Oscar Wilde Comes to Life At The Montreal Fringe Festival
Montreal company Creature/creature’s latest piece OSCAR Girl Gone Wilde certainly filled its seats. The one woman showing starring Johanna Nutter is a 45-minute ride through a simple, personal, and thoroughly enjoyable retelling of three Oscar Wilde fairy tales.
Before the play begins, the intimacy of the show is recognizable. The room is set up into a semicircle of chairs squished closely together. Pre-show chatter feels public, and immediately it becomes obvious that this show will be a group experience.
As the play begins, Nutter enters in darkness, grabs herself a beer from the fridge and enjoys singing along and dancing to some loud music over the radio. As the audience starts to feel relaxed—recognizing a wind down from a long, hot day at work—Nutter launches into the topic of her childhood love of Oscar Wilde’s stories. Her joy in the tragedy and beauty of them is what brings the play into a gracefully simple bare bones performance of these three tales.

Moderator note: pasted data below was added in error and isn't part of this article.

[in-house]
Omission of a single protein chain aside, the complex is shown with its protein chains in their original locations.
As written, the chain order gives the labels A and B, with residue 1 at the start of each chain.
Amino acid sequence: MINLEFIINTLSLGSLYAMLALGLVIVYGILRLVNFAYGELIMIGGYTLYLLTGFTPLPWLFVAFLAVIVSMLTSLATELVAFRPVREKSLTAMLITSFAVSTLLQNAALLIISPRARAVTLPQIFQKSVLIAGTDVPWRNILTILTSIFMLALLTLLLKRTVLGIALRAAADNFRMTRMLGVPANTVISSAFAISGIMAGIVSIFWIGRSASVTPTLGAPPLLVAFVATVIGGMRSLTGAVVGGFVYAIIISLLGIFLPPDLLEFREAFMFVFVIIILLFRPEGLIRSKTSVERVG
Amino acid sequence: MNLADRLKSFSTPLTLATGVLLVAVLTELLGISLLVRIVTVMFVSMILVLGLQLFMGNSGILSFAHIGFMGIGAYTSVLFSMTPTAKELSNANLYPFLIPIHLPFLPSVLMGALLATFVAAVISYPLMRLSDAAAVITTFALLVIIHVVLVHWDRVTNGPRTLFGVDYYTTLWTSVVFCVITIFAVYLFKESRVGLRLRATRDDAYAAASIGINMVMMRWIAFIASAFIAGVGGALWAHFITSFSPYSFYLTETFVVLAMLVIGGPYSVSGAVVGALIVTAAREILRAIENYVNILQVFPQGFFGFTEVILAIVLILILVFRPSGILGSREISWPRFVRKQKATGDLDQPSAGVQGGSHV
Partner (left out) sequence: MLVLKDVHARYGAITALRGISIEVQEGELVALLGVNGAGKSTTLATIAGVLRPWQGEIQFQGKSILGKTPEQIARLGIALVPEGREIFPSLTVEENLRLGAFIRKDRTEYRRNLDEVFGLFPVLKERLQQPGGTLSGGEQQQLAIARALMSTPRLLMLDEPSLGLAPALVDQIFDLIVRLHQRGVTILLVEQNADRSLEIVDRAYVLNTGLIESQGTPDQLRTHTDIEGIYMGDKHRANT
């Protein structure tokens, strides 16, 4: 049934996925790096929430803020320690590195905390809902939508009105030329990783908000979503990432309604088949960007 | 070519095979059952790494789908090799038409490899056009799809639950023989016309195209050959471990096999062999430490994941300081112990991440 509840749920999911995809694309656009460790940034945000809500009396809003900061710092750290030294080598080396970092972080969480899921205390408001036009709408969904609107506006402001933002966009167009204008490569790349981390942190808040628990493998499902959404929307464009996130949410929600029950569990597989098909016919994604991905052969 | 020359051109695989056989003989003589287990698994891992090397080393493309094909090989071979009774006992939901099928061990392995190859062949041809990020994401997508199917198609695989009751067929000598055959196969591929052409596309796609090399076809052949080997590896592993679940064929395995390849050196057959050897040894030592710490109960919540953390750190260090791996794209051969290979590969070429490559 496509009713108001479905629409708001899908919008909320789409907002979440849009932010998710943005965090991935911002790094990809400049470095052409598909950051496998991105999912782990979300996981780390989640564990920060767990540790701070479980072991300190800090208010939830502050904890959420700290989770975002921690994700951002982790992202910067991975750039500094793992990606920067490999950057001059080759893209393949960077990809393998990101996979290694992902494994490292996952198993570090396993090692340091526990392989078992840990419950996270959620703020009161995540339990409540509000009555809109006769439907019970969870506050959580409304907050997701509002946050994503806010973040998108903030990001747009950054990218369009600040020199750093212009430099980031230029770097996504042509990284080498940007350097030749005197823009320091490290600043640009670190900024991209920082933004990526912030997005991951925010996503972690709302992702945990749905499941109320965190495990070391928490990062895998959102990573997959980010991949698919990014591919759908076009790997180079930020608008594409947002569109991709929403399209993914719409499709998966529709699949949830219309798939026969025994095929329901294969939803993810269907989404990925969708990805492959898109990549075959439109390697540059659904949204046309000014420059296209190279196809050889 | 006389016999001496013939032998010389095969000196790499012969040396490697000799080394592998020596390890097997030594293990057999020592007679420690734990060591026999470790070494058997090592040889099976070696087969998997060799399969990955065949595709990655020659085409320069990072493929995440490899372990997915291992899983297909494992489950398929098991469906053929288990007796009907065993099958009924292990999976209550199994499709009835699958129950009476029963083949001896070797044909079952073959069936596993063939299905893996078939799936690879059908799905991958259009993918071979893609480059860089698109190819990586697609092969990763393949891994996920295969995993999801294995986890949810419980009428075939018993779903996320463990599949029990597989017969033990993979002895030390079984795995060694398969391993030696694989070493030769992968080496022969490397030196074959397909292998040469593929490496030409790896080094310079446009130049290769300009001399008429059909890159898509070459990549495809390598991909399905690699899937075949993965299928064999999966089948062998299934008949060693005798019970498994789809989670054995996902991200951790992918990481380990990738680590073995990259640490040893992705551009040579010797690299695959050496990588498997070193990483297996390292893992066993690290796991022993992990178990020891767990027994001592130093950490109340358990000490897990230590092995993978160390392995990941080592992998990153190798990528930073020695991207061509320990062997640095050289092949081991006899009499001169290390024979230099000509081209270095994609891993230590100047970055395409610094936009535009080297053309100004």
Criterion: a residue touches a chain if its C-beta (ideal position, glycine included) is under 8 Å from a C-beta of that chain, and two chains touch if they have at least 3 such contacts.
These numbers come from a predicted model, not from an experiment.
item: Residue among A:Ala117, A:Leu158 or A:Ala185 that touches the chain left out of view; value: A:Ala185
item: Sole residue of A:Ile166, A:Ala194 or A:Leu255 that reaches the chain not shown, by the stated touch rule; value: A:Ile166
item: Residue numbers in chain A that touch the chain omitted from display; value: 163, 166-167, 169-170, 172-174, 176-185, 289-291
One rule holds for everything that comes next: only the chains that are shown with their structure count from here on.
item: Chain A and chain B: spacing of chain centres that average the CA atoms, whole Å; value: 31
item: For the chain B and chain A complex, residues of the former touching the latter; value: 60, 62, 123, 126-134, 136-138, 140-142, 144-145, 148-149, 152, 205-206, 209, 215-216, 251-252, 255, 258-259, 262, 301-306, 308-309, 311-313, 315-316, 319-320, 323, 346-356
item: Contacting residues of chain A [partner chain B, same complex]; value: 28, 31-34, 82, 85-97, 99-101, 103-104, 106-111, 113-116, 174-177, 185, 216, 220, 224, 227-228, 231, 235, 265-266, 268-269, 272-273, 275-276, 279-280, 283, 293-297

It is in the presentation of these stories that OSCAR finds its greatest strength. The play works so well because it is entirely reliant and focused on the root of theatre—storytelling. The passion and love for these stories is entirely apparent as Nutter transforms the small space into a world of giants and talking statues with nothing but her performance and a few basic props.
As she moves through the stories of “The Nightingale and the Rose,” “The Happy Prince,” and “The Selfish Giant,” Nutter’s talent shines through the simplicity of the piece. There are no extra frills or shows of flashiness to this play. It is simply a woman dancing around the room, a beer in hand, beautifully telling her favourite stories.`
The play’s one weak point is subtle. Transitions between stories feel awkwardly long, though moments of them may produce laughs and be enjoyable in and of themselves—Nutter breaking to go to the bathroom as she begins one story got a particularly strong reaction from the audience. Still, these in-between pauses break the flow of the show that the storytelling creates.
The good news is that the show returns to the Wilde stories and wastes little time immersing the audience in them. A touching, live phone call to bring in a special guest to help Nutter through the final story wraps the play up on a sweet and sentimental note.
Despite minor problems, OSCAR Girl Gone Wilde remains a strong and entertaining play. No one should be surprised if it finds its way off of the Fringe Festival and into a theatre company’s season in little time.
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